Wisely, the state of Illinois completely bans texting while driving, one of the most dangerous phenomena to emerge in our time. Additionally, Illinois forbids any cell phone use whatsoever for bus drivers, for those driving in a school zone or highway construction zone, and for all drivers under 19 years of age. These laws make our streets safer; as police make stops for texting or cell phone use, more drivers will be discovered driving while intoxicated or driving on suspended licenses.
Distracted driving, however, includes more than texting or talking on cell phones, and it represents a significant danger to motorists, passengers, and pedestrians. Distracted driving can include eating or drinking (anything) while driving, talking to passengers, personal grooming, reading (especially maps), using a navigation system, watching a video, or adjusting a radio, CD player, or mp3 player.
It’s a growing problem. Despite the laws that have been adopted by Illinois and other states, 3,331 people died in accidents involving a distracted driver in 2011, compared to 3,267 in 2010. A full 10 percent of the accidents that involved injuries in 2011 were reported as distraction-related crashes.
Prudent measures can be taken. Obviously, drivers should avoid eating, drinking, reading, grooming, or watching videos while driving. Ask your passengers to let you focus your attention on the road. Turn off your cell phone or ignore it. Always wear a safety belt, and try not to drive at night if it can possibly be avoided. If you’re planning to drive, the wisest choice is to avoid drinking alcohol altogether; if you must drink, use a designated driver, taxicab, or car service.
If, despite your best efforts, you become involved in a distracted-driving accident, protect your rights; do not admit fault or put your signature on any insurance forms before contacting an experienced personal injury attorney. If possible, have photos taken of your injuries and any damage to your vehicle. Keep and make copies of any insurance, police, or medical forms you receive as a result of the accident.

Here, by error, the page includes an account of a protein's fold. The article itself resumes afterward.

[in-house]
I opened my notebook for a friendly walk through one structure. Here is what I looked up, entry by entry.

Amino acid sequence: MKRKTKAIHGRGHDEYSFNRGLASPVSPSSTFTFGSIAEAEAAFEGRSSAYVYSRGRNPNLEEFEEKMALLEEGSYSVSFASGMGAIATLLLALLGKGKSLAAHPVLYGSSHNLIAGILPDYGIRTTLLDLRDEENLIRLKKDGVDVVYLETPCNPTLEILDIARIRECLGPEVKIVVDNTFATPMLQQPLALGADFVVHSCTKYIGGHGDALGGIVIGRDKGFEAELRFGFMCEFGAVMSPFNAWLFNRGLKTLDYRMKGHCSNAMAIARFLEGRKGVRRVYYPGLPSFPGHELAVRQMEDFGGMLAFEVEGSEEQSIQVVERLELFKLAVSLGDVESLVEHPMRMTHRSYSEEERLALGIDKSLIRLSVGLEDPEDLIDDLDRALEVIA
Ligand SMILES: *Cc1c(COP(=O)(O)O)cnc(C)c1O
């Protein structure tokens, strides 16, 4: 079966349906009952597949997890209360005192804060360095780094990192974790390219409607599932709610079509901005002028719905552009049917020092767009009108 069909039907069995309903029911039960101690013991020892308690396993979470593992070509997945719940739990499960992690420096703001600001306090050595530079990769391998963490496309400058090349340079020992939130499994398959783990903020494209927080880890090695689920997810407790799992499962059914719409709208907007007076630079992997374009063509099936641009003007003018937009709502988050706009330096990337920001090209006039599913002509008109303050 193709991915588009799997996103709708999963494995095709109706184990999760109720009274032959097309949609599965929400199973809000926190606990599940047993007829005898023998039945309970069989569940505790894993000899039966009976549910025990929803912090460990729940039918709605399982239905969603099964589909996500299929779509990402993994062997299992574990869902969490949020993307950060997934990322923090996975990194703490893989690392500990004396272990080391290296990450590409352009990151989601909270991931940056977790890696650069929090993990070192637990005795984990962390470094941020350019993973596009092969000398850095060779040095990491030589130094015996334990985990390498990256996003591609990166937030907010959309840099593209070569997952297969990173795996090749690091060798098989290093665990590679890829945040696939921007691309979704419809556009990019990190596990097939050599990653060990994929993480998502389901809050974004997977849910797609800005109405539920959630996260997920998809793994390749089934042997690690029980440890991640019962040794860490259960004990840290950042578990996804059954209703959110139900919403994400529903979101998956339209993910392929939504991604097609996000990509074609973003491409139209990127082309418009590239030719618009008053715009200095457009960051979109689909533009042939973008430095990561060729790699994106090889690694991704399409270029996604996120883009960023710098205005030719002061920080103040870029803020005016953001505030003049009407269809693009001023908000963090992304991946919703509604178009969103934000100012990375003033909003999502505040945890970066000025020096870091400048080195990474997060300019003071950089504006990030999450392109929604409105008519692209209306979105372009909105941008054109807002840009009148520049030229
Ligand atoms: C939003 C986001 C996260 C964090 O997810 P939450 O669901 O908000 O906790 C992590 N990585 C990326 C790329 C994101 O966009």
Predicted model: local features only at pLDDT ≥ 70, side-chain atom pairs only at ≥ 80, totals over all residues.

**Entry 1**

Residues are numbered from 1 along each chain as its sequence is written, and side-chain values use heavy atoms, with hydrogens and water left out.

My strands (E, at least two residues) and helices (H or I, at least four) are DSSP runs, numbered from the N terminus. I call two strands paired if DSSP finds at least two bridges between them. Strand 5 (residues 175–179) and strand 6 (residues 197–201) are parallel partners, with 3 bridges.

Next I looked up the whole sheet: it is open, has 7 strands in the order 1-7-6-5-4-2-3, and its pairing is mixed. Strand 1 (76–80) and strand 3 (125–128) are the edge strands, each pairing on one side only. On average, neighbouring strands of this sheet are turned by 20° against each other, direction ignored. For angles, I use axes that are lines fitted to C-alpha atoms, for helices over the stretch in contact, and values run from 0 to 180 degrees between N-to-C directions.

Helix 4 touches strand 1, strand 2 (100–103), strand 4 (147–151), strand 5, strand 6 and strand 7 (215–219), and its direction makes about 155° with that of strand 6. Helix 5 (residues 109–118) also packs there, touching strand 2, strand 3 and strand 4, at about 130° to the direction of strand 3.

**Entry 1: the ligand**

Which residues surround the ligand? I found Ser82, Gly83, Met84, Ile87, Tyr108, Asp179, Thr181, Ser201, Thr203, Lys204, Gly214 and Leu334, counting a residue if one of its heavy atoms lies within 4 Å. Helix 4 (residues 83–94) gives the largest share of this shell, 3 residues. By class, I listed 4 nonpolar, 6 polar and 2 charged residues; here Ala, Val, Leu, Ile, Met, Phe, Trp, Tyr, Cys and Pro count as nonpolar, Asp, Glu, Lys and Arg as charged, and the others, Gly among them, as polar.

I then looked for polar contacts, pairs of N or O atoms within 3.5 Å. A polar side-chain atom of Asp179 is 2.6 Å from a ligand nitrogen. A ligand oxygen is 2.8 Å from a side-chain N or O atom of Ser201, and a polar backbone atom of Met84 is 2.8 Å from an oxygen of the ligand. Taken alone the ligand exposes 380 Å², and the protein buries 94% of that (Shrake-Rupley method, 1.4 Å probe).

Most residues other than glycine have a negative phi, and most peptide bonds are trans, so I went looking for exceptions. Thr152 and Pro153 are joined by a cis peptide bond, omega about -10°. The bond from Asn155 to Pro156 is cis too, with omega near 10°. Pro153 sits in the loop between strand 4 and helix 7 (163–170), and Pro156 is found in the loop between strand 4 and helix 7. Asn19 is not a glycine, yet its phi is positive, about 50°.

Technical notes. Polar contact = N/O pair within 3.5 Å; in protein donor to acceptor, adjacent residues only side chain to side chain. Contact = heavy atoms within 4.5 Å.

Most importantly, if any injury occurs, speak to an experienced personal injury attorney as quickly as possible. A good personal injury lawyer will protect your rights, advise you regarding your legal options, and fight to win any compensation you deserve for your injuries. In any accident, your rights and your health must remain your top priority. And finally, please, don’t drive while distracted.
Summer, Teens and Distracted Driving
Summer is the season when Chicago comes alive, but it’s also the time of year when teens are driving more – at all hours – and involved in more accidents. Teen drivers have less experience behind the wheel and less capacity to make the right split-second decisions. Teen drivers also seem to be more easily distracted by their passengers, their cell phones, and other potential distractions. Still, a teen’s inexperience is no excuse. When the state issues a driver’s license to a teenager, that teen agrees to drive safely and responsibly. If you are injured in an accident caused by a negligent teen driver in the Chicago area, discuss your rights and options at once with experienced Chicago personal injury attorney Joseph M. Dooley. Depending on the details of an accident, the parents of a teen driver may also be liable.